There are few reports on the expression and function of KRT86 in the uterus; however, some information can be obtained from homologues. For example, KRT85, another member of the keratin family, is also expressed in the uterus . Like KRT86, it also forms type II hair keratin and nails, and is a basic protein . In a vascular endothelial growth factor (VEGF) regulating implantation model, VEGF repression caused implantation failure, and Krt85 is dramatically up-regulated (1000 fold), indicating a role of keratin during implantation . In alopecia areata (AA) lesional skin, Krt85 and Krt86 were significantly repressed . They are early and middle markers for Alopecia areata, respectively [19, 20]. Krt86 and Krt85 have 91% sequence similarity. In Hirosaki hairless rat, Krt86 and Krt85 could not be detected , suggesting these genes are related with hair follicle development. Based on these reports, we proposed KRT86 was responsible for formation of epithelium of the endometrium, functioning with other keratins during implantation. However, as shown in this current study, high level E2 increased keratin expression, leading to excess keratinisation that might affect implantation.
E2 acts by binding to ERα and ERβ, which are a kind of nuclear steroid hormone receptor [22, 23]. Oestrogen signalling is selectively activated or inhibited based on ERα and ERβ . Using ERα and ERβ knockout mice, the general role of oestrogen signalling has been demonstrated [25, 26]. Male and female ERα knockout mice are infertile, whereas ERβ female mice show inefficient fertility, while ERβ male mice have no apparent defect [24, 27]. Some relevant literature showed that the ERα highly regulates Krt86 expression after E2 treatment [28, 29]. However, in other cell line models, the ERβ would not affect the Krt86 expression [30,31,32,33]. In addion, E2 is critical for the reproductive organ to achieve pregnancy . Implantation is a complicated process triggered by an E2 surge . Correspondingly, in this current study, ERα was identified as being essential for regulation of Krt86, suggesting that it affected the epithelium by modulating keratins. Our data suggested that the KRT86 might be a valuable marker for monitoring IVF and embryo transfer outcomes.
In summary, the present study showed Krt86 was highly expressed in the presence of physiological and supraphsiological levels of E2. An aberrant cytoskeleton of the uterus epithelium could be an aspect of implantation failure. Therefore, specific expression of Krt86 induced by E2 warrants further investigation.
Female adult ICR mice (7–8 weeks old) were purchased from the Laboratory Animal Centre of Dalian Medical University, China. ERα and ERβ knockout mice were fed in the Laboratory Animal Centre of Dalian Medical University. The Guidelines for the Care and Use of Animals in Research were followed. Care of mice and their handling were conducted in accordance with the Animal Research Committee guidelines of Dalian Medical University. Mice were allowed free access to water and food in 12 h light, 12 h dark conditions. Adult virgin female mice were mated with fertile males at room temperature (25 °C). The morning of finding a vaginal plug was designated as day 1 of pregnancy. Mice were killed at 8:30 a.m. on various days of pregnancy to collect uterine samples, especially for the implantation site (IS). Pregnancy on days 1–4 was confirmed by recovering embryos from the reproductive tracts, and IS on day 5 of pregnancy were identified by intravenous injection of 0.4 ml 0.5% trypan blue in saline 5 min before the mice were killed. Mice were euthanized by dislocating their neck.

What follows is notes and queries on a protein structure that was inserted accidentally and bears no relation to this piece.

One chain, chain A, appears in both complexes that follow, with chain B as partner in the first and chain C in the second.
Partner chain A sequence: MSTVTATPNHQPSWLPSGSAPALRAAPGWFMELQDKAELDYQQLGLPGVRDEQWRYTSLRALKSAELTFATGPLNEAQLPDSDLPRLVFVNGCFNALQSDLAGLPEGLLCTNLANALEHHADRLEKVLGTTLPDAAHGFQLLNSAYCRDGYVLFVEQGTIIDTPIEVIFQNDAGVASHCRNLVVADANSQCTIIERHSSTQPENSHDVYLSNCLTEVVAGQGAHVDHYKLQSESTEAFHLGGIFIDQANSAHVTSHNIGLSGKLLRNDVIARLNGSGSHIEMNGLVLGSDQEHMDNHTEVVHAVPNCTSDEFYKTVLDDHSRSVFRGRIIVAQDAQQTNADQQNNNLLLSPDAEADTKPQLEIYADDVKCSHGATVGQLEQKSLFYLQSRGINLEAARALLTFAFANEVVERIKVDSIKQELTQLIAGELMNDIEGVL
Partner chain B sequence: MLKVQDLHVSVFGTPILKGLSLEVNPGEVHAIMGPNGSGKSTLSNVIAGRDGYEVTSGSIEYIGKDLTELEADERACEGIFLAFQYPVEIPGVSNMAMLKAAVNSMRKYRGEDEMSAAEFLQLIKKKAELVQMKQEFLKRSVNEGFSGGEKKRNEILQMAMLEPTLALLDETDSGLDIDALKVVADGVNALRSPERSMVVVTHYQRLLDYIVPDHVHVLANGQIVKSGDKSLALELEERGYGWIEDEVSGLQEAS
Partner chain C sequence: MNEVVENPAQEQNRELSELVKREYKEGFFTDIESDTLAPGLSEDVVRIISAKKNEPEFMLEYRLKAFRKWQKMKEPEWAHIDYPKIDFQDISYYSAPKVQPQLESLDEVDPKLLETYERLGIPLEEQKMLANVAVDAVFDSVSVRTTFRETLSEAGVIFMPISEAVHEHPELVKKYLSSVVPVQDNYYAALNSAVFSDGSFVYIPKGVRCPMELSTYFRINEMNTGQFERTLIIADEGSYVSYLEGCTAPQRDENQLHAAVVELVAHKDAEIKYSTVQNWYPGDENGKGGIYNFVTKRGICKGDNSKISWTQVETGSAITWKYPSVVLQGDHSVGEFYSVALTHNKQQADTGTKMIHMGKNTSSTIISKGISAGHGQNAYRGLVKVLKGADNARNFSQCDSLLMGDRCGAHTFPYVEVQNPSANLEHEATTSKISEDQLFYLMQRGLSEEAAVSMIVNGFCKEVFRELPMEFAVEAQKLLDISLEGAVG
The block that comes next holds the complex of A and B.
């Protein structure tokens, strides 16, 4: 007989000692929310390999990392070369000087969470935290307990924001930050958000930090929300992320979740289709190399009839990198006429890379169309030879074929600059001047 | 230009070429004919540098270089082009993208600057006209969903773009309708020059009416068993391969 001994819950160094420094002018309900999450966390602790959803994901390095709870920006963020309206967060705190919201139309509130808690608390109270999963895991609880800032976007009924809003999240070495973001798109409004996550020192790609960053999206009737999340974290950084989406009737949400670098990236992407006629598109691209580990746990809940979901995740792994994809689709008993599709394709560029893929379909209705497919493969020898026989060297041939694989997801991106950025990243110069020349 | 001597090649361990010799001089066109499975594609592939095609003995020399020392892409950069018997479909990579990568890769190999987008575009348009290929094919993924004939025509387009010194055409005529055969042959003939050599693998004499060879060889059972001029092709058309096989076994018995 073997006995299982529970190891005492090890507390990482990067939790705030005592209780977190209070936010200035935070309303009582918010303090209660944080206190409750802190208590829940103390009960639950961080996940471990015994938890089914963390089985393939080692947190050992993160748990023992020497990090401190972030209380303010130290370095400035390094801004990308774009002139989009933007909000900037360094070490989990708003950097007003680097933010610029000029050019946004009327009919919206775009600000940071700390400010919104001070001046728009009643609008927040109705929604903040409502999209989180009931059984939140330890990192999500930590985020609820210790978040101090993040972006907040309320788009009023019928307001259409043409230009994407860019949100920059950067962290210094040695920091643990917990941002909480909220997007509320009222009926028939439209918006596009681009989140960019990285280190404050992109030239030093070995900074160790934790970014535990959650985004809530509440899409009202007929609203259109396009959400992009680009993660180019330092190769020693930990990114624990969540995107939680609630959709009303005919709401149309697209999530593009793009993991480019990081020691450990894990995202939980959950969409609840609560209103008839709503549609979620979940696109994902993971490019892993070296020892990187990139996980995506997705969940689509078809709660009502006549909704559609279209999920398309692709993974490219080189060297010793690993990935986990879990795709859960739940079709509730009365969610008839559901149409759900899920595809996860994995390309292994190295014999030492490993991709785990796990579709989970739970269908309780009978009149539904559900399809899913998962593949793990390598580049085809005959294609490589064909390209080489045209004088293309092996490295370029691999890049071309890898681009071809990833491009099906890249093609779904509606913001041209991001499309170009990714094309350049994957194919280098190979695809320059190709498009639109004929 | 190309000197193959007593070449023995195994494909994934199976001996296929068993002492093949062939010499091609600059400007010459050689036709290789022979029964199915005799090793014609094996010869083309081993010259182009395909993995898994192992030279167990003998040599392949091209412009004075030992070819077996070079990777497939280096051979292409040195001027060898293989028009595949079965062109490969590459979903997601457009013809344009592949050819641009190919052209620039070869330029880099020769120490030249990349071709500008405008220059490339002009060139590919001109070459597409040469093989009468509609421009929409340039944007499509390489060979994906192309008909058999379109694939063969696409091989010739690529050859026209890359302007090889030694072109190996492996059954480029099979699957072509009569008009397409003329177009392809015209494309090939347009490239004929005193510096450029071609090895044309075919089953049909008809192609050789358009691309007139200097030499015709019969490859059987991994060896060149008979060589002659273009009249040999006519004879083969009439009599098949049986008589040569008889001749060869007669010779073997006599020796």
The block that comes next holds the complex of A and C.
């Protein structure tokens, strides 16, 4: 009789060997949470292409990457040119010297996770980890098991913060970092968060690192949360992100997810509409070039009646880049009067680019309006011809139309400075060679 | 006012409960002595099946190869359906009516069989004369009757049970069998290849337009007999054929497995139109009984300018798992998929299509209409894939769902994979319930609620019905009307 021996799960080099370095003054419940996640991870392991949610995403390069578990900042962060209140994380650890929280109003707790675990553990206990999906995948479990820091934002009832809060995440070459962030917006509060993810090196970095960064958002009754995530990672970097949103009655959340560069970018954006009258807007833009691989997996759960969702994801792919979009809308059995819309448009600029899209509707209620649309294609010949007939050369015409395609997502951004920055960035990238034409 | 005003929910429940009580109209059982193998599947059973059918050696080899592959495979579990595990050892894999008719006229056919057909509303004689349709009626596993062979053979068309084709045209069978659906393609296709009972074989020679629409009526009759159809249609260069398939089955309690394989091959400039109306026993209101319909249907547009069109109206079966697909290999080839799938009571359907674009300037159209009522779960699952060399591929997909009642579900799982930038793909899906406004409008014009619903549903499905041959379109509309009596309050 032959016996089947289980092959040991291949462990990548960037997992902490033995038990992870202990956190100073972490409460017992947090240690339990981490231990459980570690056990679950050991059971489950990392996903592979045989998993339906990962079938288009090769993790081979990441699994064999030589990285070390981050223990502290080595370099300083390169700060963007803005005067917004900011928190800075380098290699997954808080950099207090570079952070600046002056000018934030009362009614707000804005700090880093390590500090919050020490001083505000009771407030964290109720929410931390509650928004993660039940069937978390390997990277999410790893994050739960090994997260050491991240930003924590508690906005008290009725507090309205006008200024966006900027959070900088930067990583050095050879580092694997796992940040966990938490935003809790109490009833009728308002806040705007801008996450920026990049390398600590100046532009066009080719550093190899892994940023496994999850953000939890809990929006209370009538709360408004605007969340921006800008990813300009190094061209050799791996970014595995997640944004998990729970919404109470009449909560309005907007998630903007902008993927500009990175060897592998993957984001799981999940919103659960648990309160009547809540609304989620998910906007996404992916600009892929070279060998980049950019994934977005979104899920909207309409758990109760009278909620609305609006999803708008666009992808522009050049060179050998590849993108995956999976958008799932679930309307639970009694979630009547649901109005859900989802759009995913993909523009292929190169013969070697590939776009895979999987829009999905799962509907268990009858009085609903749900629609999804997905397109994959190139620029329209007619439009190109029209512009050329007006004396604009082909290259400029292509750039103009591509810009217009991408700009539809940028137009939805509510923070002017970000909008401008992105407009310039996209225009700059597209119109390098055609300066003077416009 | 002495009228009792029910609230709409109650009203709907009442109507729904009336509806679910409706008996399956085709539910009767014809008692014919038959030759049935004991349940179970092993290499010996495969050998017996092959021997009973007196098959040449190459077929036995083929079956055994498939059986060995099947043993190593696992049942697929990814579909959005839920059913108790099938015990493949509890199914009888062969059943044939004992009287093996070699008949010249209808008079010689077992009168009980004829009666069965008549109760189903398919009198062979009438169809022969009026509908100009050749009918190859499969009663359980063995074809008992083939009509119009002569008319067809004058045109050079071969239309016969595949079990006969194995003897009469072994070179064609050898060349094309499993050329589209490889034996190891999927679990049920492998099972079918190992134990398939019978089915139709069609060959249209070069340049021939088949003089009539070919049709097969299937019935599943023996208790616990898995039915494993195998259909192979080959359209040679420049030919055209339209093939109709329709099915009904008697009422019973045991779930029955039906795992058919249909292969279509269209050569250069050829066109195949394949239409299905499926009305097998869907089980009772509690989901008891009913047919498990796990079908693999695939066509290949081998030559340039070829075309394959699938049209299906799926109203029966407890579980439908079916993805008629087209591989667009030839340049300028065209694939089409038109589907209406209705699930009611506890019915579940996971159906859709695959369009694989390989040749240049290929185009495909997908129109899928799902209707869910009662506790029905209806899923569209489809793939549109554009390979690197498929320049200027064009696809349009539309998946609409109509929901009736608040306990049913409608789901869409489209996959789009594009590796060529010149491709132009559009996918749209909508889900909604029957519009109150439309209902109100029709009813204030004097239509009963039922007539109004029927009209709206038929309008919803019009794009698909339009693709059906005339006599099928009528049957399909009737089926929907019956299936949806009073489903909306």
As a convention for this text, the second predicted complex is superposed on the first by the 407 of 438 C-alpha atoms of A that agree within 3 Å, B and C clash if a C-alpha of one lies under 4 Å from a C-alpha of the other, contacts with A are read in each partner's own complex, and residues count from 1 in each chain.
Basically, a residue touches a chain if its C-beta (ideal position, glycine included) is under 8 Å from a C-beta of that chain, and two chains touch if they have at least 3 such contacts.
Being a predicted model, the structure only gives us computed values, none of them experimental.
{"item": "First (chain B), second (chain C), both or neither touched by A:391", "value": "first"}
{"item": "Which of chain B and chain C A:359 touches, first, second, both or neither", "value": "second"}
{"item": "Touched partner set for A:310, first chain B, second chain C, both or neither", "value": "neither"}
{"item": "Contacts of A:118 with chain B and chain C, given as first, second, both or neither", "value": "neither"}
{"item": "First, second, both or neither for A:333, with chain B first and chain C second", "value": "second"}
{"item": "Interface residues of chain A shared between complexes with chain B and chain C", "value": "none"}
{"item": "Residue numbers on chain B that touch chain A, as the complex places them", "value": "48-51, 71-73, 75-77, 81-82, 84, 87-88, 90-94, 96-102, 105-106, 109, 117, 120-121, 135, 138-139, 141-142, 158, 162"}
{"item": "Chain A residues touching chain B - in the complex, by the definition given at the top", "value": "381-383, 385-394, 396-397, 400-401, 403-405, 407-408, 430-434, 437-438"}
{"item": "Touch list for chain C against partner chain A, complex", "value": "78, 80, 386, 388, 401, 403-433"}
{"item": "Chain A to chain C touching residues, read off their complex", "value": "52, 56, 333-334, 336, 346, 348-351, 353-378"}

To induce the supraphysiological E2 mice model, dosage of E2 was as previously described . Corn oil containing 100 ng E2 was administered by subcutaneous injection (s.c.) at 08:30 a.m. on the morning of day 4, with vehicle group mice being injected with oil alone. Some of the day 4 mice were injected with the oestrogen receptor antagonist ICI 182780 (100 μg/mouse) at 08:30 a.m., with uteri being collected on the afternoon of day 4.
To determine the effects of E2 on Krt86 expression in uteri, mature female ERα and ERβ knockout ICR mice were ovariectomised. After two weeks rest, they were then treat with subcutaneous injections of E2 (Sigma; 100 ng/mouse) dissolved in corn oil (Santa). Uteri from these mice were collected at 0, 1, 4, 8, and 12 h after each treatment, and frozen in liquid nitrogen for further analysis (three mice per time point).
To examine the effects of P4 on the expression of Krt86 in uteri, ovariectomised mice had s.c. injections of P4 (2 mg/mouse). To neutralise the effect of E2, a co-injection of P4 (2 mg/mouse) was administered along with E2 (100 ng/mouse). Mice were killed, and their uteri were collected at 0, 1, 4, 8, 12 and 24 h after each treatment, and frozen in liquid nitrogen for further analysis (three mice per time point).